This is a message for those who are tired of feeling sick on Saturday morning from getting over the night before. Do yourself a favour, get some exercise in instead so your metabolism kicks into gear for the weekend and have an early night. Yes it’s fun having a night on the tiles but sobriety is your friend for the weekend, your senses like smell and taste will be heightened (I’m not sure about you but things don’t taste so good when I’m hungover!), so you can enjoy the buzz giving qualities of Borough Market , Dinerama and Som Saa.
It’s 10am during the first Saturday of September, and there is a queue for Monmouth – there’s no denying that this is a good sign and my curiosity gets the better of me so I have to have one of their coffees.
From what I see it’s artisanal brewing at it’s finest with hand filtering for every single cup. Hot water is poured into makeshift bottomless coffee cups which hold paper filters containing ground coffee. The liquid then flows into the paper cups below.
My latte was silky smooth, light, tasted sweet without sugar (most say I’m sweet enough!) and had a wonderful aroma. I would say it was definitely worth the wait and was the perfect way to kick start the gastronomic tour.
Next up was a visit to Richard Haward’s Oysters. There’s nothing wrong with having mollusks for breakfast right?
I went for 2 Colchester Natives (larger variety) and 3 Wild Rocks which was £6.50 for the combo. Our oyster shucker informed us that the Wild Rock variety was from Essex too.
Here are the Colchester Natives – big boys indeed.
On the right you have the wild rocks.
Both oysters were faultless, briny, meaty and a joy to eat. There are a variety of condiments available by the tub such as your classic shallots with vinegar, tabasco, lemon, lime and from what I make of it an oriental dressing with coriander.
Next up and directly next door we have Porteña which has been trading since 2007 in Borough Market selling a variety of Argentinian goodies such as condiments, sweet pastries, Alfajores and Empanadas. The smell of the oven fresh goodies was enough to drive me insane – gorging was inevitable. I went for the classic beef which was very good but not a patch on the provolone and cheddar cheese one. You know it’s good when your mouth waters whilst typing!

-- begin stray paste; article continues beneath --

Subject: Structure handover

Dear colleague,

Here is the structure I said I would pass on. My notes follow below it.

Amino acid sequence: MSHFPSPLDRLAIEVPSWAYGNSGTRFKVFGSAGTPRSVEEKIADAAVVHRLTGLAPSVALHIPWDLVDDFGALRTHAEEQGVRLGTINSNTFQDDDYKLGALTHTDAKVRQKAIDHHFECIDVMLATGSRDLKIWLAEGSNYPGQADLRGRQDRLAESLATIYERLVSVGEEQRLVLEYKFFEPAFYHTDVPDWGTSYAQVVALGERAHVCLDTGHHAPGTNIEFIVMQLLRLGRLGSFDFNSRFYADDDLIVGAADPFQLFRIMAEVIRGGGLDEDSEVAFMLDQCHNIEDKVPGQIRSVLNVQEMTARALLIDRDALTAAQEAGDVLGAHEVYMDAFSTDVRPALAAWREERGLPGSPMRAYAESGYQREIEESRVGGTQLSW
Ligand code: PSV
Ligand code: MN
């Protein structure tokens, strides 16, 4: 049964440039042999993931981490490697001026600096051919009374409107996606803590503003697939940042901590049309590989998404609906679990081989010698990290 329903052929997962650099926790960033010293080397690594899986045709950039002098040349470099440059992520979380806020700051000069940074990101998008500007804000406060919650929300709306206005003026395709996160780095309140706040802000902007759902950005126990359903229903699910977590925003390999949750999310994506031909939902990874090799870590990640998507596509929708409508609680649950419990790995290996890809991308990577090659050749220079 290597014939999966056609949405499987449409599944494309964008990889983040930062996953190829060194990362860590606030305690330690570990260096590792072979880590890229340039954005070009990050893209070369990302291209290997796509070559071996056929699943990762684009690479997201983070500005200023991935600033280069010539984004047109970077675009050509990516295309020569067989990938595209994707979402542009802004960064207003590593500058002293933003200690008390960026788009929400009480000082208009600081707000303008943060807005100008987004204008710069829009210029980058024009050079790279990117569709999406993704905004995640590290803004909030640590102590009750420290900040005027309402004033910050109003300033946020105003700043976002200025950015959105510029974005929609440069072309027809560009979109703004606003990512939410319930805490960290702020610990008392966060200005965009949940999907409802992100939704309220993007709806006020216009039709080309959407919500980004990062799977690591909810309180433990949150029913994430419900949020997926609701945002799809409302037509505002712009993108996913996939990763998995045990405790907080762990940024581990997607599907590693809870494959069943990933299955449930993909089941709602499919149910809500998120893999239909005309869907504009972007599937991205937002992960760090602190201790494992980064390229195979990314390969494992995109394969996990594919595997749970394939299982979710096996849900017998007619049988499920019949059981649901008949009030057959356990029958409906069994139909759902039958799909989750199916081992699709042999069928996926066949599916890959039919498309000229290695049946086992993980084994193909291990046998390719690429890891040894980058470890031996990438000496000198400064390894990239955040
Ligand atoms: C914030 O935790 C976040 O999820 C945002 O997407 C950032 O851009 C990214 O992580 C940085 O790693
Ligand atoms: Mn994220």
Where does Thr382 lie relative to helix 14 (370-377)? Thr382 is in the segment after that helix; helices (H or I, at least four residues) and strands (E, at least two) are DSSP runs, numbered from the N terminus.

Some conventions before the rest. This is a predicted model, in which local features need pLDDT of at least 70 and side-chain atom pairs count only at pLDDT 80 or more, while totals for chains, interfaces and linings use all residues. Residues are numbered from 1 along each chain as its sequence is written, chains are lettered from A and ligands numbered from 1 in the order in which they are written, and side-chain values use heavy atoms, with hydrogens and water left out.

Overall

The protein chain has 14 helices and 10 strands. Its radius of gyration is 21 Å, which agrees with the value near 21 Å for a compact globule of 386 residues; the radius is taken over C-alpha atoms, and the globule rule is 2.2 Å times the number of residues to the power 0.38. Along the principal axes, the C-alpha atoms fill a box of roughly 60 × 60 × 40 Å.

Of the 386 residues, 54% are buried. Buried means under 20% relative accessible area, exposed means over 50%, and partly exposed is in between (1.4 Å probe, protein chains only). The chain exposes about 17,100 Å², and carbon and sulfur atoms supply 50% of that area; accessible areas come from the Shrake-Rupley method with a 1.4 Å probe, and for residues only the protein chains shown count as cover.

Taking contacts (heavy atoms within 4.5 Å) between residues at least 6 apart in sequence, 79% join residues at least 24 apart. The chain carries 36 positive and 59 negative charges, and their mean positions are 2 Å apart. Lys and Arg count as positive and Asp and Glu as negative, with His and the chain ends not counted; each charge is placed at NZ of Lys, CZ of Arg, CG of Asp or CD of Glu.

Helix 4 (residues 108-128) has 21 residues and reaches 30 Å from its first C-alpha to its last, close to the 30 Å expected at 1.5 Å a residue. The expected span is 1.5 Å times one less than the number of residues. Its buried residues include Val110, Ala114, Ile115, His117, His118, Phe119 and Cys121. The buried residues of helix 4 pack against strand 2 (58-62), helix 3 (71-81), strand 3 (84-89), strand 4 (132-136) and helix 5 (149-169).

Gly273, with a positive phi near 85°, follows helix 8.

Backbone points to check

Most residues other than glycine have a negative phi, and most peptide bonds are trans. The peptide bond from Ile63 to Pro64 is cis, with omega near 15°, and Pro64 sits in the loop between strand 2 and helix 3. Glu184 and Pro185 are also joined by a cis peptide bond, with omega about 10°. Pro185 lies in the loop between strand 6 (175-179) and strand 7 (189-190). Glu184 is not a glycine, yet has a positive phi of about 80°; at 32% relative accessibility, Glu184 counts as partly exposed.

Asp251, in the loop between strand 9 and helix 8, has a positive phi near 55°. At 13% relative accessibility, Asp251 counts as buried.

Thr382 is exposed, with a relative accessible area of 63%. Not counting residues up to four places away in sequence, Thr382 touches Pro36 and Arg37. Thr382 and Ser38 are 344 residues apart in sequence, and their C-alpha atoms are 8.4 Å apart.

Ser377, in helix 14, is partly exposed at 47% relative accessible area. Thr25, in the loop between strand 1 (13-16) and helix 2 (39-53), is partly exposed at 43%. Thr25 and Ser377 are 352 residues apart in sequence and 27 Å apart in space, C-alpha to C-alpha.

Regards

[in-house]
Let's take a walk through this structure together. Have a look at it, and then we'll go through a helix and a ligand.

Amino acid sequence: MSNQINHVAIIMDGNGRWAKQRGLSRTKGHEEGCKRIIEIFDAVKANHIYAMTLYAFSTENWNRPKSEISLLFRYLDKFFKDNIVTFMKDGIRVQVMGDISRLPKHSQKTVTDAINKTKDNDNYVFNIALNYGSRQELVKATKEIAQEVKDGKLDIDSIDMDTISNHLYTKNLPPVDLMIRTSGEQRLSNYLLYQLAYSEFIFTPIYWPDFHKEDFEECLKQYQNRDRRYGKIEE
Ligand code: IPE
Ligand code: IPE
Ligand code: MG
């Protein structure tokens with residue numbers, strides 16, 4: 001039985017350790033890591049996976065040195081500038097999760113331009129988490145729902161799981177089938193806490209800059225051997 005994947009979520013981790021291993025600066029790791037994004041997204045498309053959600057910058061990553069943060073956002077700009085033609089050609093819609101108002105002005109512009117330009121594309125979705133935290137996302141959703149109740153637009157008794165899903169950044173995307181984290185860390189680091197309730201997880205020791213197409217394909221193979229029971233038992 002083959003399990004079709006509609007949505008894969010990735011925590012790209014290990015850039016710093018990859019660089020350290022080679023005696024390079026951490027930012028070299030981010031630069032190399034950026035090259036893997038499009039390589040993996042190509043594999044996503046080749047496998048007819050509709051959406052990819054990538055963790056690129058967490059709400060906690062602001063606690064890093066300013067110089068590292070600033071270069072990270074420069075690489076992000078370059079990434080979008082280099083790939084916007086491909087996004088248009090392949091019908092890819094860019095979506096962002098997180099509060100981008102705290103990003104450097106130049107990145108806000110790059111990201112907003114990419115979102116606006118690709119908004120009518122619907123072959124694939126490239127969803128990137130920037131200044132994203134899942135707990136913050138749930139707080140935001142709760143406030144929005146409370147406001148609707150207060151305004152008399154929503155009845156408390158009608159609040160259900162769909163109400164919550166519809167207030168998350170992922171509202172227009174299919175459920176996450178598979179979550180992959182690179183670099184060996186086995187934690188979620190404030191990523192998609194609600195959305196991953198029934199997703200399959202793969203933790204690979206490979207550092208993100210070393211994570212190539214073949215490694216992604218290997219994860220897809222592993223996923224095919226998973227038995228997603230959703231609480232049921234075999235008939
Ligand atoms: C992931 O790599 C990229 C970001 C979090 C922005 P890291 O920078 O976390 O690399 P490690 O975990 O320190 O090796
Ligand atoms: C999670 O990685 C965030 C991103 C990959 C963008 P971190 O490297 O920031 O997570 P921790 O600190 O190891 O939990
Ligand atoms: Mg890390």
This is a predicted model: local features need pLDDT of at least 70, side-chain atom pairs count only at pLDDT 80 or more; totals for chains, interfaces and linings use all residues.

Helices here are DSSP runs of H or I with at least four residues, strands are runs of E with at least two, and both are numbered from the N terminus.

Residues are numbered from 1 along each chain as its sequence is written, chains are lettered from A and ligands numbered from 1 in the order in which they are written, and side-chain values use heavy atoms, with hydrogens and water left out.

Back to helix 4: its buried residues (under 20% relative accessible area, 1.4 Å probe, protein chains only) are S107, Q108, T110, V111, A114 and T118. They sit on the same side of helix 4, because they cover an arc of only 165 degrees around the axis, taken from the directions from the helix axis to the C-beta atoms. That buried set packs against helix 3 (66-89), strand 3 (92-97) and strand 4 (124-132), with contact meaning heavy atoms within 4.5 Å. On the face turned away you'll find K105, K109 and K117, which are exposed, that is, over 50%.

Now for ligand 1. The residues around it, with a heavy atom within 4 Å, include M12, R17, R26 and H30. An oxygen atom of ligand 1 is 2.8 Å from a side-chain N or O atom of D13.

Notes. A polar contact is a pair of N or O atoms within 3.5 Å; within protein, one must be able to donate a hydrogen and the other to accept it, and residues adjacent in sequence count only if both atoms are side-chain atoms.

After our delectable breakfasts at Borough Market we stroll through the City towards the East End in search for our ‘next’ hit. We arrive at Street Feast’s Dinerama 12pm when their doors open, we’re the first here. (19 Great Eastern Street EC2A 3EJ).
First up we hit-up the Cheeky Italian for some Beef Poutin on sweet potato fries, gravy and cheese sauce (£7.50). I’m not entirely convinced where the Italian influence is with this French Canadian classic but I didn’t really have a care in the world as it was everything you wanted from comfort food all in one dish. The rich beef topped with cheese sauce and gravy gives you so much eating pleasure in spades!
Smokestak was up next and we tried their Usda Beef rib £12 which was smokey, meaty, fatty and tasted so good mixed in with their home made bbq sauce.
Next it was time to get finger licking with cooked to order wings from BBQ Lab. They’re piping hot, tangy, dirty (in a good way!), slid off the bone tender and messy. No dignity eating at it’s finest.
Chipuffalo; buffalo, chipotle, truffled blue cheese dip, celery, herbs. £5.
Miso (horny); miso butter, balsamic, chilli, spring onion & nuts, pickles. £5.
Weapons grade hot; hotness, truffled cheese dip, pickles, herbs. £5. Not as hot as they sound and they turned out to be the my favourite.
Finally we picked up some shrimp buns Yum Bun. £4 each or 2 for £7. Crispy prawns, green chilli, coriander, lime, sambal, mayo, soft steamed bun. They were excellent – shrimps fried to order, their sweet flesh encased in a light crunchy batter smothered in green sambal sauce, all wrapped up in a sweet bun. I could have easily eaten more but resisted.
It’s time to move on and we venture further East towards Hackney/London Fields in pursuit of Som Saa at Climpsons Arch. We walk through Broadway Market which inevitably involves more street food, food stalls, independent cafes, restaurants and more. However, our bellies are set for Thai food!